• This would mean that when they die, there would be a bigger tax-free allowance on their estate.
  • This could allow more money to go to people named in their will.

The tax-free allowance is not transferred until after the surviving partner has died. Their executor or personal representative has to apply for it. They have to have paperwork to show how much tax-free allowance was used following the death. These documents should be kept safely.

The Family Home Allowance

From April 2017, the Government is introducing an extra tax-free allowance for people who own a home. This is called the family home allowance.

To get the family home allowance, the property must have been your main home and you must leave it to direct descendants in your will. Direct descendants include children, adopted children, foster children and grandchildren. It does not include other relatives such as nieces and nephews.

The family home allowance will be added to your current tax-free allowance. It will also be transferable between married couples and civil partners. It can be transferred even if one partner dies before the family home allowance is introduced in April 2017.

The family home allowance is going to be gradually introduced over four years:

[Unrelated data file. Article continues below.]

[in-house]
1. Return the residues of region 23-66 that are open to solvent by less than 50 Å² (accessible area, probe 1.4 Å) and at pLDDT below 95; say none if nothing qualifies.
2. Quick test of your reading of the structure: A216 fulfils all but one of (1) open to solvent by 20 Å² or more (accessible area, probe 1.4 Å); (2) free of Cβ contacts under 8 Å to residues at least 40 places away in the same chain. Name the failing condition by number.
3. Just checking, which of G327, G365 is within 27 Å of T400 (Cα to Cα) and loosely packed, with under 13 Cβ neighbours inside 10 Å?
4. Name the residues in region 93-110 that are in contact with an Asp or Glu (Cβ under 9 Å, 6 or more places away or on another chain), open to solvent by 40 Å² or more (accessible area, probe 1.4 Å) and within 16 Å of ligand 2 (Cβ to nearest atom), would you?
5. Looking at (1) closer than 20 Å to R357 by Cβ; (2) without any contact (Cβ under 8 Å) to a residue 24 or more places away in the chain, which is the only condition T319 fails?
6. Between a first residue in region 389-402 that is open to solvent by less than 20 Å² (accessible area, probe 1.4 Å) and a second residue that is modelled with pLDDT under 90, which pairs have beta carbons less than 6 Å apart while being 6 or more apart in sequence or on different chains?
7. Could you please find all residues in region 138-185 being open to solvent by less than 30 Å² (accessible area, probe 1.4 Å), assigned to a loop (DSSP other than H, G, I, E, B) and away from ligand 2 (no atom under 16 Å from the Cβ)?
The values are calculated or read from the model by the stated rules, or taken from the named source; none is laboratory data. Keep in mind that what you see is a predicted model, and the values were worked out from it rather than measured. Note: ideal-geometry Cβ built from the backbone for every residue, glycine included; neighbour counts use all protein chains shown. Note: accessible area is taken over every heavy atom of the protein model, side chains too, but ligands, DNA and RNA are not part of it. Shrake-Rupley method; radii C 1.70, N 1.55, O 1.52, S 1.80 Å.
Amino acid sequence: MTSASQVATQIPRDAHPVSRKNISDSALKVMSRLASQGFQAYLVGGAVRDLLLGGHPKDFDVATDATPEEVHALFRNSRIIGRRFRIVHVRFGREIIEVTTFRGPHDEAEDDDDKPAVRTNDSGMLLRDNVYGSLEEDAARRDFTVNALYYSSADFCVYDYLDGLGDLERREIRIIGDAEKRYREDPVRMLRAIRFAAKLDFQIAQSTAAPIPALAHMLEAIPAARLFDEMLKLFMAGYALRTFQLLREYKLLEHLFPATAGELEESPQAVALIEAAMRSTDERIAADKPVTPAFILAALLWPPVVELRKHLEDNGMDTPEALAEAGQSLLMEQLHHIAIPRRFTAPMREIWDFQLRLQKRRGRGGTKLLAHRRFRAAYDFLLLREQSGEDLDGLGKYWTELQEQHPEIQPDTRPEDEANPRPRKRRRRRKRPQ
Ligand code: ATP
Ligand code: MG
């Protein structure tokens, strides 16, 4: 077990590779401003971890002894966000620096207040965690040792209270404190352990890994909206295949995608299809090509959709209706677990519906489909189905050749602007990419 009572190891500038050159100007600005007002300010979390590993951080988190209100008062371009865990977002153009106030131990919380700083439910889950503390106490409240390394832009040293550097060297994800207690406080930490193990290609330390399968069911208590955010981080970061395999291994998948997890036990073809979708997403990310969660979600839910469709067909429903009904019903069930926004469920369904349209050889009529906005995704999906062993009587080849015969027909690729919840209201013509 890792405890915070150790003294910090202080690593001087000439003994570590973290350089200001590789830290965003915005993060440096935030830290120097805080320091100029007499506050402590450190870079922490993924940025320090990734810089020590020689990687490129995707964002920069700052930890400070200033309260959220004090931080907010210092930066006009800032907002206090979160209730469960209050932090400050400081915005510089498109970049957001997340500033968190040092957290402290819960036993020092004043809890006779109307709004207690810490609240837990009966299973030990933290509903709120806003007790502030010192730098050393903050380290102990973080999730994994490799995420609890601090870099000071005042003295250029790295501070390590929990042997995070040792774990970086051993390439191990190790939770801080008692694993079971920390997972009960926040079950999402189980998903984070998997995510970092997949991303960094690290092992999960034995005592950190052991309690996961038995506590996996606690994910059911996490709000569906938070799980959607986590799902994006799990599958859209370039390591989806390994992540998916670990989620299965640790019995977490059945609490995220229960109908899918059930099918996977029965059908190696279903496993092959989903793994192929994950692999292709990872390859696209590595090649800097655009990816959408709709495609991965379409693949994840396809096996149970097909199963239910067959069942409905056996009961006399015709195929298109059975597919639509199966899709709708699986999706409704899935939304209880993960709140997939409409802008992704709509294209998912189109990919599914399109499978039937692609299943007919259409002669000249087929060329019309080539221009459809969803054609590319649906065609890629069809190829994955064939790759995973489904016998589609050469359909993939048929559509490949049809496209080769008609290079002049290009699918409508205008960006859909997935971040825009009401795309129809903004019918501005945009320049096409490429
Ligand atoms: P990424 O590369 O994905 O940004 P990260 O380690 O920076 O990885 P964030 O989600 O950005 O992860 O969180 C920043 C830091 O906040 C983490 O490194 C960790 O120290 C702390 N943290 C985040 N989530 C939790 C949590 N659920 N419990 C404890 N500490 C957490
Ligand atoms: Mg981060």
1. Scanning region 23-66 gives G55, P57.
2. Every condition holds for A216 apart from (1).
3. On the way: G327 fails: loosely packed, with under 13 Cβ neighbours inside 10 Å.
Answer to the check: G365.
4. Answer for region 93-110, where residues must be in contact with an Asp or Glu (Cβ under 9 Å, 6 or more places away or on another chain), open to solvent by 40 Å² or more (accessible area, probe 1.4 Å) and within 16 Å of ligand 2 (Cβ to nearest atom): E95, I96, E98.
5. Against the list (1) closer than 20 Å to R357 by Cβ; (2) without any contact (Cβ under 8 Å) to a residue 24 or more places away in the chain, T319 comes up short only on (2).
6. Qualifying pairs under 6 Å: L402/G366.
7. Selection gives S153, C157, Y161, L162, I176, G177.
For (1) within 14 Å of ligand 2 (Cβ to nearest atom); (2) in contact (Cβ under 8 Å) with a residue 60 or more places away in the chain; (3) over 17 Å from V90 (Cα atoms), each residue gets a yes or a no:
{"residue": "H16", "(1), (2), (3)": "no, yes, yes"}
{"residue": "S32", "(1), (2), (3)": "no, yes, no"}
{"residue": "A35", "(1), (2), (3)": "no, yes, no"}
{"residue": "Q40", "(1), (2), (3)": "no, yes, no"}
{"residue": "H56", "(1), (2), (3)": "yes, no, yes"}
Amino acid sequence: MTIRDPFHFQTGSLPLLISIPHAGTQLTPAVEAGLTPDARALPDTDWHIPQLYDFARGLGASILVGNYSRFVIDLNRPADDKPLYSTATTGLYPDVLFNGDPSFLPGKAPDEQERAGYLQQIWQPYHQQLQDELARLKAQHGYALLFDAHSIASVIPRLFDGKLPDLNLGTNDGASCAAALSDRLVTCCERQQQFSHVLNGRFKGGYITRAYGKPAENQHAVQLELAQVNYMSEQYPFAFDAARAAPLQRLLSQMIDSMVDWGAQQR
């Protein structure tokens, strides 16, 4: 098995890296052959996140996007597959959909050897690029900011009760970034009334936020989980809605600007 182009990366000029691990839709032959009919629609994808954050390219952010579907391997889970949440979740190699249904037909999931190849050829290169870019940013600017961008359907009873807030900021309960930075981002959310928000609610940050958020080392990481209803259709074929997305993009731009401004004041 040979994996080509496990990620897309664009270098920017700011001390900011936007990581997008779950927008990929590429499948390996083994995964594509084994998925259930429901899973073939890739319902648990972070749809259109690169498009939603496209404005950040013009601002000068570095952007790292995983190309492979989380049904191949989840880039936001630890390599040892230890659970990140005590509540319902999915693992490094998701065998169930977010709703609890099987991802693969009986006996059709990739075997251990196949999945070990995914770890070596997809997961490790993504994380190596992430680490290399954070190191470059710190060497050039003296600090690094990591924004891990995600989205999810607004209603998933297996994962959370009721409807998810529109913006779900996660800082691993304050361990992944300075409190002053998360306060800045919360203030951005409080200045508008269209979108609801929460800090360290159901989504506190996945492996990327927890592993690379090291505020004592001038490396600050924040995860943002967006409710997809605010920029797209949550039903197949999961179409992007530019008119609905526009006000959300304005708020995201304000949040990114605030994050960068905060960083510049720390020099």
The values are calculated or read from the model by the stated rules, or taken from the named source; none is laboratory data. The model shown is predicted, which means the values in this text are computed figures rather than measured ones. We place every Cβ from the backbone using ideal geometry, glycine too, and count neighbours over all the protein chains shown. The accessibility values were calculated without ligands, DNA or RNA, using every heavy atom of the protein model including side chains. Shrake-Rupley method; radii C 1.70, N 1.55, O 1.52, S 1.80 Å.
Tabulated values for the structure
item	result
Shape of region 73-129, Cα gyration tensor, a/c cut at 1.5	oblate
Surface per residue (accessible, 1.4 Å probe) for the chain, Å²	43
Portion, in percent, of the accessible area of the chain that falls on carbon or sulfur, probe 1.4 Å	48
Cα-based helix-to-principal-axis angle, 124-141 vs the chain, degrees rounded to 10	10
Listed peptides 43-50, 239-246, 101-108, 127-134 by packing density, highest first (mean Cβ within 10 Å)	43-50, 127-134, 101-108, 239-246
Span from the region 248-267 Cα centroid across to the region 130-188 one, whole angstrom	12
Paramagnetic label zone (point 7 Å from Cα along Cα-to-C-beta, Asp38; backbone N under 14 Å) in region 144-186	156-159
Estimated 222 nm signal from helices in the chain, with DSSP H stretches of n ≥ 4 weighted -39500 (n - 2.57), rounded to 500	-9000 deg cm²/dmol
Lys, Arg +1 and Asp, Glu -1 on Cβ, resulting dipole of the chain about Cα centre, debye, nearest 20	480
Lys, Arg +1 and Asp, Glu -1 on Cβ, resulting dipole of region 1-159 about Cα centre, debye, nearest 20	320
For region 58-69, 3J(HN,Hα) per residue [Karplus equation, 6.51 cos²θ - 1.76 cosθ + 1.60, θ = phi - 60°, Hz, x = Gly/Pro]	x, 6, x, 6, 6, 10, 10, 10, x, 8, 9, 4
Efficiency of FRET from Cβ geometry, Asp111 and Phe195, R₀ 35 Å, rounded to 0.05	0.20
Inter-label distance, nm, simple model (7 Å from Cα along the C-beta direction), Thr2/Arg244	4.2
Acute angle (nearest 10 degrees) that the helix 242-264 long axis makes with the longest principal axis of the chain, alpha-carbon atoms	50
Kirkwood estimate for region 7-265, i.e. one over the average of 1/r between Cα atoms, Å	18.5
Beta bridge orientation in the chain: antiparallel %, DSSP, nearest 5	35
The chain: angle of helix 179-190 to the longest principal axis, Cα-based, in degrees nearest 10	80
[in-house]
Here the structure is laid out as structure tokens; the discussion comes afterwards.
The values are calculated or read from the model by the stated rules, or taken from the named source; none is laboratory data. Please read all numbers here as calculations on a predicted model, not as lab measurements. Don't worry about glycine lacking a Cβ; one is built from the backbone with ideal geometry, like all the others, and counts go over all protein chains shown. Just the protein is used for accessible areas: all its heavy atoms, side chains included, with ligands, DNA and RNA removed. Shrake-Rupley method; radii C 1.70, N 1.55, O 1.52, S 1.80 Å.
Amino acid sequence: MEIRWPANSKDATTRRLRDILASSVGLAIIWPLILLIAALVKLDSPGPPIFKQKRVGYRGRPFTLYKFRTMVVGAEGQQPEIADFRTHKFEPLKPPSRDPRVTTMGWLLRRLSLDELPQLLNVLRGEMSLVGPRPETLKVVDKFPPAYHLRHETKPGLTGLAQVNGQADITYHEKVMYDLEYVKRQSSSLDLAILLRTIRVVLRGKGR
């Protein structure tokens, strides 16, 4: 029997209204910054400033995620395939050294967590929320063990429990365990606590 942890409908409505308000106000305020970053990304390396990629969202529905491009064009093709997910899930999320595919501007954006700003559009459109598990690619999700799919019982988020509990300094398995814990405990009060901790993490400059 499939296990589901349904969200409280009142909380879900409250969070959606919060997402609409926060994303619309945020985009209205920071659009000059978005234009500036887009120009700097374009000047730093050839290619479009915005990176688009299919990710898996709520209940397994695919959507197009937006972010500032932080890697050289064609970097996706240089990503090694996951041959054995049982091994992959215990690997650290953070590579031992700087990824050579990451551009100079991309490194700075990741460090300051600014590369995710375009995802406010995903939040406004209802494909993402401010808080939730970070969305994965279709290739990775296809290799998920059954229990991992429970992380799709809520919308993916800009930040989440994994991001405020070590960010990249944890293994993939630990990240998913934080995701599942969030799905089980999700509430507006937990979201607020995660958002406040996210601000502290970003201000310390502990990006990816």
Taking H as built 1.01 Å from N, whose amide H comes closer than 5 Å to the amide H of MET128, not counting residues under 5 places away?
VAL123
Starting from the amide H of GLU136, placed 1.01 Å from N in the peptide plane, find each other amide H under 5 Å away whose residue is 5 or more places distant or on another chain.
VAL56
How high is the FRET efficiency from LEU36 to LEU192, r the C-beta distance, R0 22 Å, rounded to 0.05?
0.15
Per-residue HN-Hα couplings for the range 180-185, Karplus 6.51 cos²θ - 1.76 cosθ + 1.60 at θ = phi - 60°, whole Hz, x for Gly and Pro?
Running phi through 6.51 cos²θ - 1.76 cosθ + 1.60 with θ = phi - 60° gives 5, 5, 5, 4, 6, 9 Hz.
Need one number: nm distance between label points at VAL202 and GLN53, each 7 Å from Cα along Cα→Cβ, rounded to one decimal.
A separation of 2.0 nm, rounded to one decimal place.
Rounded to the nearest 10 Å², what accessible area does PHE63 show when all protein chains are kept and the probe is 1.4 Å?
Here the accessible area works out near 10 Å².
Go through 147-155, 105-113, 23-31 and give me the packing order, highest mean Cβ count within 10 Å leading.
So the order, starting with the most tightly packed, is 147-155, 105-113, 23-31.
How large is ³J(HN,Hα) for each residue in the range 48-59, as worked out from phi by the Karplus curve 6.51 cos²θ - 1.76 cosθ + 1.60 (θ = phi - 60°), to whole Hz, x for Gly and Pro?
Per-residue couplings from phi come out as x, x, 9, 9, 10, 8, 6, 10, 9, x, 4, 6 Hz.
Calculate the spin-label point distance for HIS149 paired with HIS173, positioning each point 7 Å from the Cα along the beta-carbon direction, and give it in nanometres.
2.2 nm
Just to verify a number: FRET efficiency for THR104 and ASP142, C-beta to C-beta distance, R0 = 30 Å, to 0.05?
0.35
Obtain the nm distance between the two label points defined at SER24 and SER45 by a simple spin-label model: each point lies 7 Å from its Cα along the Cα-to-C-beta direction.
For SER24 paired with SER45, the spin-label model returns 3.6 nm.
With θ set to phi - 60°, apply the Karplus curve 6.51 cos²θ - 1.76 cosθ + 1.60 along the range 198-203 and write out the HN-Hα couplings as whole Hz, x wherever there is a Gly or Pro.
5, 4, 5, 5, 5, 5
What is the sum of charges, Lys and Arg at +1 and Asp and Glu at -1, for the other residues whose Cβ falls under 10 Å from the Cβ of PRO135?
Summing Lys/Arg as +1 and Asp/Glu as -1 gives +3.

• For 2017–2018, it will be £100,000 per person.
  • For 2018–2019, it will be £125,000 per person.
  • For 2019–2020, it will be £150,000 per person.
  • For 2020–2021, it will be £175,000 per person.

You’ll get these amounts added to your current tax-free allowance if your estate is worth less than £2 million. If your estate is worth more than this, you won’t get all of the family home allowance.

If your estate is worth more than the tax-free allowance

If you are in this situation, you could think about putting more of your savings into a personal pension. Whatever is left in your pension is passed directly to whoever you nominate. It will not become part of your estate. This means that inheritance tax does not normally apply. Since April 2015, using a personal pension has become a tax-efficient way to plan for inheritance. We have more information about pensions.

You may also want to look at ways you can make gifts in your lifetime. You might also be able to arrange your will in a way that reduces any tax bill. Under the current rules, if you leave 10% or more of your taxable estate to a charity, less tax will need to be paid on the rest. Whatever you leave as a charitable gift will not be taxed.